To err is human; to cover up is negligence

Car designs have changed over the years, reflecting both scientific advances and consumer preferences. For example, aerodynamic principles are an expected feature in many car design ideas. Other features, like oversized grilles, beautiful surfacing, or detailing may be hard to justify as anything more than current consumer tastes.

Yet when an automaker discovers a potentially dangerous aspect in a car design, it is legally required to take steps to avoid that defect from causing personal injury to consumers. This requirement makes the response of automaker General Motors to a faulty ignition switch seem all the more negligent.

According to reports, the faulty ignition switch may cause a vehicle’s engine to lose power while driving. The sudden surprise of lost power, coupled with the difficulty in steering and controlling a vehicle without electrical power, is clearly a dangerous proposition. In fact, at least 13 fatal motor vehicle accidents have been attributed to this product issue.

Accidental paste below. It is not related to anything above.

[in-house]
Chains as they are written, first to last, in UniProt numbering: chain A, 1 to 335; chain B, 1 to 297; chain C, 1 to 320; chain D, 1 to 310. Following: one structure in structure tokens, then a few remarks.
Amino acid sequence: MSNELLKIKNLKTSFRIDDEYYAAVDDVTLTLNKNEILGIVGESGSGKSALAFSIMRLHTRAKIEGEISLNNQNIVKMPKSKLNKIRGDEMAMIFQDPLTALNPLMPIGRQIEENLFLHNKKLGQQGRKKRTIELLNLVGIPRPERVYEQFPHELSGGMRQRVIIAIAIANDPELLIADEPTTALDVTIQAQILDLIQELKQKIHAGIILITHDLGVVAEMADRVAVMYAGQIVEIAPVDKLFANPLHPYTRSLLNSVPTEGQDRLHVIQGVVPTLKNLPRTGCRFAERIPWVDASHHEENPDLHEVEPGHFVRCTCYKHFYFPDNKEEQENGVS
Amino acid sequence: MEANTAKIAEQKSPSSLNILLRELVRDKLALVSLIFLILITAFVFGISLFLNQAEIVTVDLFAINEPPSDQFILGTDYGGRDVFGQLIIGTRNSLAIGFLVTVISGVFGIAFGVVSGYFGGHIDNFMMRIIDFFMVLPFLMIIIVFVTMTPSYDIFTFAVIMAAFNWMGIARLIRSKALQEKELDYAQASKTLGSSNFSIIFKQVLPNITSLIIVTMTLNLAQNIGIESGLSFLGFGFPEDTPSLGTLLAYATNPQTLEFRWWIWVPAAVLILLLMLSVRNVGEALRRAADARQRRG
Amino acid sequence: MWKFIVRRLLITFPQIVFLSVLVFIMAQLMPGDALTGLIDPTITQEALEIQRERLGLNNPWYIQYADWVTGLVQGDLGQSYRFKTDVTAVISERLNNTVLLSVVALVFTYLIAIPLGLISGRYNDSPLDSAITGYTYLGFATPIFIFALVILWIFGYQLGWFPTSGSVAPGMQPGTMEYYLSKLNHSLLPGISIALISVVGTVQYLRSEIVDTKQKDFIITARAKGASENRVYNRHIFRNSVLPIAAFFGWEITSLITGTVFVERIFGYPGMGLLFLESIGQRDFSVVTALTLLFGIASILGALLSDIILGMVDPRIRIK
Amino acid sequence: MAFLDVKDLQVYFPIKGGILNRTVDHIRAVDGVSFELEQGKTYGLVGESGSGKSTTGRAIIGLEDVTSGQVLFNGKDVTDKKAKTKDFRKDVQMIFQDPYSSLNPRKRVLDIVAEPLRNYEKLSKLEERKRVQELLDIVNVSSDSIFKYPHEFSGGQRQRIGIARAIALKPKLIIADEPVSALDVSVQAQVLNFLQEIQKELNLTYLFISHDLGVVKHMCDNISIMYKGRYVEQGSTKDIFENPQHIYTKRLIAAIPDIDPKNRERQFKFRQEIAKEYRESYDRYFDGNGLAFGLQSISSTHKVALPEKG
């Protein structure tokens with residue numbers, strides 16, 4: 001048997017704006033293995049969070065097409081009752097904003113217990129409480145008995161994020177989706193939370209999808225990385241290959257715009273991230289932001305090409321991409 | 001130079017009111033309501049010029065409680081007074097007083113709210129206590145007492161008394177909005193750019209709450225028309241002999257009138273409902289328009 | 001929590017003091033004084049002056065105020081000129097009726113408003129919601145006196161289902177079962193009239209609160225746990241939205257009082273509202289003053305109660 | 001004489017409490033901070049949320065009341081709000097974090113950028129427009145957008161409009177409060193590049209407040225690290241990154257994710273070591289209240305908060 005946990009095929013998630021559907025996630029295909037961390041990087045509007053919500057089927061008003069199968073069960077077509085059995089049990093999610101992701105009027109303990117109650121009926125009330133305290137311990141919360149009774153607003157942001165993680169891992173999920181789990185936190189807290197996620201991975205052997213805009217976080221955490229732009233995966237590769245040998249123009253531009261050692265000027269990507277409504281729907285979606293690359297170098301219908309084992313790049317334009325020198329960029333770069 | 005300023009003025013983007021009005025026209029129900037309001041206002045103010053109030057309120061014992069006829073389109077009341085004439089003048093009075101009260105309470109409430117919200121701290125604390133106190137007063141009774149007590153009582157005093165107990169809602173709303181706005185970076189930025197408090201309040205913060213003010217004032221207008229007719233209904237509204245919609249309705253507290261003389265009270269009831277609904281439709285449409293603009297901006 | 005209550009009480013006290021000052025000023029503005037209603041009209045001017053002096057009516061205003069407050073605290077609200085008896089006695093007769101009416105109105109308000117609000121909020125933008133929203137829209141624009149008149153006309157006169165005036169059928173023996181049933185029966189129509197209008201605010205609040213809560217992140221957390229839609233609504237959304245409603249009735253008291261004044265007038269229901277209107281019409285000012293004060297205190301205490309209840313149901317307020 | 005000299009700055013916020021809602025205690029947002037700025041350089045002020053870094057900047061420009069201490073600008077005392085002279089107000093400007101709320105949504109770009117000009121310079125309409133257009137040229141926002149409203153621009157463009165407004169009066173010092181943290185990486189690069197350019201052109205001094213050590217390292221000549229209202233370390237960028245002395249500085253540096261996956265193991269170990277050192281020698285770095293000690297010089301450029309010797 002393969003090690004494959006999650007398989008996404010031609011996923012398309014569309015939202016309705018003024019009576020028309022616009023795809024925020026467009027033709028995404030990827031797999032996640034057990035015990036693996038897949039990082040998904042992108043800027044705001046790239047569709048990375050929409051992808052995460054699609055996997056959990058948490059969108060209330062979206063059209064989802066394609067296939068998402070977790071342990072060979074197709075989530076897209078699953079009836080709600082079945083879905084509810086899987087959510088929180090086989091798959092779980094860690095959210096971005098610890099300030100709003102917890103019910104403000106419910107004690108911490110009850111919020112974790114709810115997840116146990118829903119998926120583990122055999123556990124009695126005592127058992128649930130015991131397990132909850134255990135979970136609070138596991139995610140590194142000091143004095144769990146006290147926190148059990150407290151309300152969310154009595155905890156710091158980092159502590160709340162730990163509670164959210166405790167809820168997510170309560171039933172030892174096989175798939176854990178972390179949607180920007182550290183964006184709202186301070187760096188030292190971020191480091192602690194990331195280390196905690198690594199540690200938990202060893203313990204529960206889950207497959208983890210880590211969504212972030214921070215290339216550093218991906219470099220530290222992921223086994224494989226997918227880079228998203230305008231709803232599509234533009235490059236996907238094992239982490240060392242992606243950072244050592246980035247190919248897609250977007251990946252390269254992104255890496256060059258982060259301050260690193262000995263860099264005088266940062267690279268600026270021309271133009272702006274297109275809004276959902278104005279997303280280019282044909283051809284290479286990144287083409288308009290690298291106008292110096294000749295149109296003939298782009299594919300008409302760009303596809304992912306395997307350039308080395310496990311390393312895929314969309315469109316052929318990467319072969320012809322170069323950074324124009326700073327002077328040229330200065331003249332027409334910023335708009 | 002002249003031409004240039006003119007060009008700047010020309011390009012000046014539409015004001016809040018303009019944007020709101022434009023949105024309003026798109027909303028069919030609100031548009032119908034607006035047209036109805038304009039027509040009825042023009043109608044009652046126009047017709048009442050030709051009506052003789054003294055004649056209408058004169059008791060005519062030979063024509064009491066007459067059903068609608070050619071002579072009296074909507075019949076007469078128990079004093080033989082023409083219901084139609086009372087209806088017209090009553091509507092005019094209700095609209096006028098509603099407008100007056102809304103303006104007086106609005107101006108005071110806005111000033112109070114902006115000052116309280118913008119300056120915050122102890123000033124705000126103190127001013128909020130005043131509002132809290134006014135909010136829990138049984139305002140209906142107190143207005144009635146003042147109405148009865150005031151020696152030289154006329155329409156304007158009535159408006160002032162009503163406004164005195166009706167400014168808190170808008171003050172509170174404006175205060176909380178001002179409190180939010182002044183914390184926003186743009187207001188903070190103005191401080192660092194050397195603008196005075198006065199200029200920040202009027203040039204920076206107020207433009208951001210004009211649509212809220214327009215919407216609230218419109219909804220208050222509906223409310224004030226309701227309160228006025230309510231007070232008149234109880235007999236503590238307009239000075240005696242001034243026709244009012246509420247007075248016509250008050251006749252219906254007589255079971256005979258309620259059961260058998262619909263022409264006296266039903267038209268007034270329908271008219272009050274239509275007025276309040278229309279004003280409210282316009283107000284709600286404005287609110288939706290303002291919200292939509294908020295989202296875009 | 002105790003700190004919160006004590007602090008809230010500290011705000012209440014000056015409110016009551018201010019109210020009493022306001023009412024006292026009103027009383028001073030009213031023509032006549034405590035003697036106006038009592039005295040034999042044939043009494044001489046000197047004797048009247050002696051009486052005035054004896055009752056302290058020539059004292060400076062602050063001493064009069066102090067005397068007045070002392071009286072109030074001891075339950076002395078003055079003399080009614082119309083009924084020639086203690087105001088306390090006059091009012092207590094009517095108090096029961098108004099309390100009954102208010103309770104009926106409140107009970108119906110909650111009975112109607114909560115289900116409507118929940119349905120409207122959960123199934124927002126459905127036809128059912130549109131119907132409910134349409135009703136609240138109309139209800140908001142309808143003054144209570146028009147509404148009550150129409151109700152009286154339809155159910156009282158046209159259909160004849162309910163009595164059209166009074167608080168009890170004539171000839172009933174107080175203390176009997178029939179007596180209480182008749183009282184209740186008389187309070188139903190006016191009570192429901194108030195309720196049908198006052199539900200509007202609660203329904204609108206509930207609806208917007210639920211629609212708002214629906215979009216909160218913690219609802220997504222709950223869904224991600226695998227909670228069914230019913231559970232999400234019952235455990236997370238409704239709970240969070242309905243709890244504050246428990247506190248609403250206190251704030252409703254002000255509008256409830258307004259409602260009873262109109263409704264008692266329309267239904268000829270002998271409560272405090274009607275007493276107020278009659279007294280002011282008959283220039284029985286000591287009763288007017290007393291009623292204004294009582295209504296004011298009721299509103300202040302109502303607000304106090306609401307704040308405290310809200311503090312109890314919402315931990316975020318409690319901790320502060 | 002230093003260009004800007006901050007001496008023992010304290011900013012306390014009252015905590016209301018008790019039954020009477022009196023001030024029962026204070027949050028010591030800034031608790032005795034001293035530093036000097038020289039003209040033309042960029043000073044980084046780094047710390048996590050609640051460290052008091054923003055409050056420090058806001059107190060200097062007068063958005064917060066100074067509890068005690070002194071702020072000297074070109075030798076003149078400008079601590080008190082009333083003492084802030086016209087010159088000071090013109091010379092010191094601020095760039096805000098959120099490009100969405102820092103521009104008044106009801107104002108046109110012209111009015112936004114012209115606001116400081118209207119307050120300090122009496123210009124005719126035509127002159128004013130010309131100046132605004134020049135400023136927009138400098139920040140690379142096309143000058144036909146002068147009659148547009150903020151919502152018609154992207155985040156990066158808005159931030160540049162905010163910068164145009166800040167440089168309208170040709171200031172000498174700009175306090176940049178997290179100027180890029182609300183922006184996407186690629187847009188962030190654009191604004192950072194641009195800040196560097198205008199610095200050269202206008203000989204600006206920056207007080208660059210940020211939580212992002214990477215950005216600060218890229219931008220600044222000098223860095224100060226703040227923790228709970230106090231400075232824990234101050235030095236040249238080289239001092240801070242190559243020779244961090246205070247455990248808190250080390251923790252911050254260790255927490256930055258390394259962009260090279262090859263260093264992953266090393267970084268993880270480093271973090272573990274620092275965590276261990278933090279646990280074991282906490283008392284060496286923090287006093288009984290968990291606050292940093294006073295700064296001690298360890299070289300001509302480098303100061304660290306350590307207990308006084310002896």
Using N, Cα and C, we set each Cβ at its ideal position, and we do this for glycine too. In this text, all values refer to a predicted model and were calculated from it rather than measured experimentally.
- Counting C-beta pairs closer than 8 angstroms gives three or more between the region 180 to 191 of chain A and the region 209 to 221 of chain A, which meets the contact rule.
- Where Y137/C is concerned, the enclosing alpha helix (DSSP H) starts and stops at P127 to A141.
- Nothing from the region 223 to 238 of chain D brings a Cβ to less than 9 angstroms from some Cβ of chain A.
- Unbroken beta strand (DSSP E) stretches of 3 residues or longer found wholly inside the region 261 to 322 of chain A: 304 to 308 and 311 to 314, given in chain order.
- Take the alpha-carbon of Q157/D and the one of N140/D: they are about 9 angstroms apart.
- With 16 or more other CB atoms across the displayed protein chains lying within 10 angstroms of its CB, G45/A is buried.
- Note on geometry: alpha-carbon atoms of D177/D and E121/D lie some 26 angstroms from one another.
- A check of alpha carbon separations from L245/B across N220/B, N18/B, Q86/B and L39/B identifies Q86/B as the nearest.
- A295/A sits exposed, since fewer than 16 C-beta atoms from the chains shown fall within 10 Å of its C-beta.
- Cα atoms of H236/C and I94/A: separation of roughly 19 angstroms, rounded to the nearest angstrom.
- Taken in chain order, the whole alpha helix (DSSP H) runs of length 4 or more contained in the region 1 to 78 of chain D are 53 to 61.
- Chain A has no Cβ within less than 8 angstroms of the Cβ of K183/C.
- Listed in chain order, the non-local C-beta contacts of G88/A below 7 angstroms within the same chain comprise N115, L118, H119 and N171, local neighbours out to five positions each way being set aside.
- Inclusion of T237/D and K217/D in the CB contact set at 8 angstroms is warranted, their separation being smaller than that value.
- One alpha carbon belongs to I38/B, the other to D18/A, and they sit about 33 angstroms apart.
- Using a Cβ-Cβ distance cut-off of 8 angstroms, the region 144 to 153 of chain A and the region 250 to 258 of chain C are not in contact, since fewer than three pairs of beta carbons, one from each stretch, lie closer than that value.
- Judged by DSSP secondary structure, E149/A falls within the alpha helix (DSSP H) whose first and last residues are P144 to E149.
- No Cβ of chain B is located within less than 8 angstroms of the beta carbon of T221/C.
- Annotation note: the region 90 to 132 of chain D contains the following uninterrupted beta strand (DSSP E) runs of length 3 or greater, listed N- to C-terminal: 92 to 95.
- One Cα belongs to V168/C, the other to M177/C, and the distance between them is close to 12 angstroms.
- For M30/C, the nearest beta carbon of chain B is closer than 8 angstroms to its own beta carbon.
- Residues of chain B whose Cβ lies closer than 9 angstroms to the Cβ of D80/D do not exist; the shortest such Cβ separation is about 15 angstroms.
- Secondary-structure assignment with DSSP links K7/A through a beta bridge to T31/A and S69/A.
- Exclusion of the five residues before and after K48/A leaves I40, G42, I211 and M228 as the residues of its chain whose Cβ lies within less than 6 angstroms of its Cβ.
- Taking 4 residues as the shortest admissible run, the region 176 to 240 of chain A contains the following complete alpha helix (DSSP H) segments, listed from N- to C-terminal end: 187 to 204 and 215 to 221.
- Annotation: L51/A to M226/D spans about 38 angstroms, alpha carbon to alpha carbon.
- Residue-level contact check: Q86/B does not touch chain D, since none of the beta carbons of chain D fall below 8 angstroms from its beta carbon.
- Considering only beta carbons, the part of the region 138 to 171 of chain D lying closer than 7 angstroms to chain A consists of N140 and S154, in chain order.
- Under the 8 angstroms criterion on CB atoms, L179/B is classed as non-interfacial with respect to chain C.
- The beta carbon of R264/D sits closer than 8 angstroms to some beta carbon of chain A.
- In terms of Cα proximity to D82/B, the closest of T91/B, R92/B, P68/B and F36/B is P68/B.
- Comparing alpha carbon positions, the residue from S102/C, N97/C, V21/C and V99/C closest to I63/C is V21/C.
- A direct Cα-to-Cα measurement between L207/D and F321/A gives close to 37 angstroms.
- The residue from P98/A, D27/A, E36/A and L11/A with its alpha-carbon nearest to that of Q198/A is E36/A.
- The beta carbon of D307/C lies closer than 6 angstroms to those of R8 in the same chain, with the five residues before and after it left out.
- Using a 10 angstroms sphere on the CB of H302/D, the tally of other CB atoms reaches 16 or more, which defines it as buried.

At a recent House subcommittee hearing, federal lawmakers accused G.M.’s chief executive of ignoring a potentially dangerous car defect for about a decade. True, the automaker has issued a recall of over one millions vehicles that may have the defective part. However, the company is without justification for ignoring early warnings about the dangerous issue.

An attorney that specializes in auto defect cases knows that companies like G.M. have the resources to mount a strong defense against allegations of negligence, personal injury and/or product liability. It may take experts to establish that a carmaker failed to take adequate steps to ensure the crashworthiness of its product. With the help of an experienced personal injury attorney, however, an accident victim can work to hold accountable all those who may have been negligent.

Source: The New York Times, “G.M. Chief Faces Ire of Senators in Hearing,” Bill Vlasic and Matthew L. Wald, April 2, 2014

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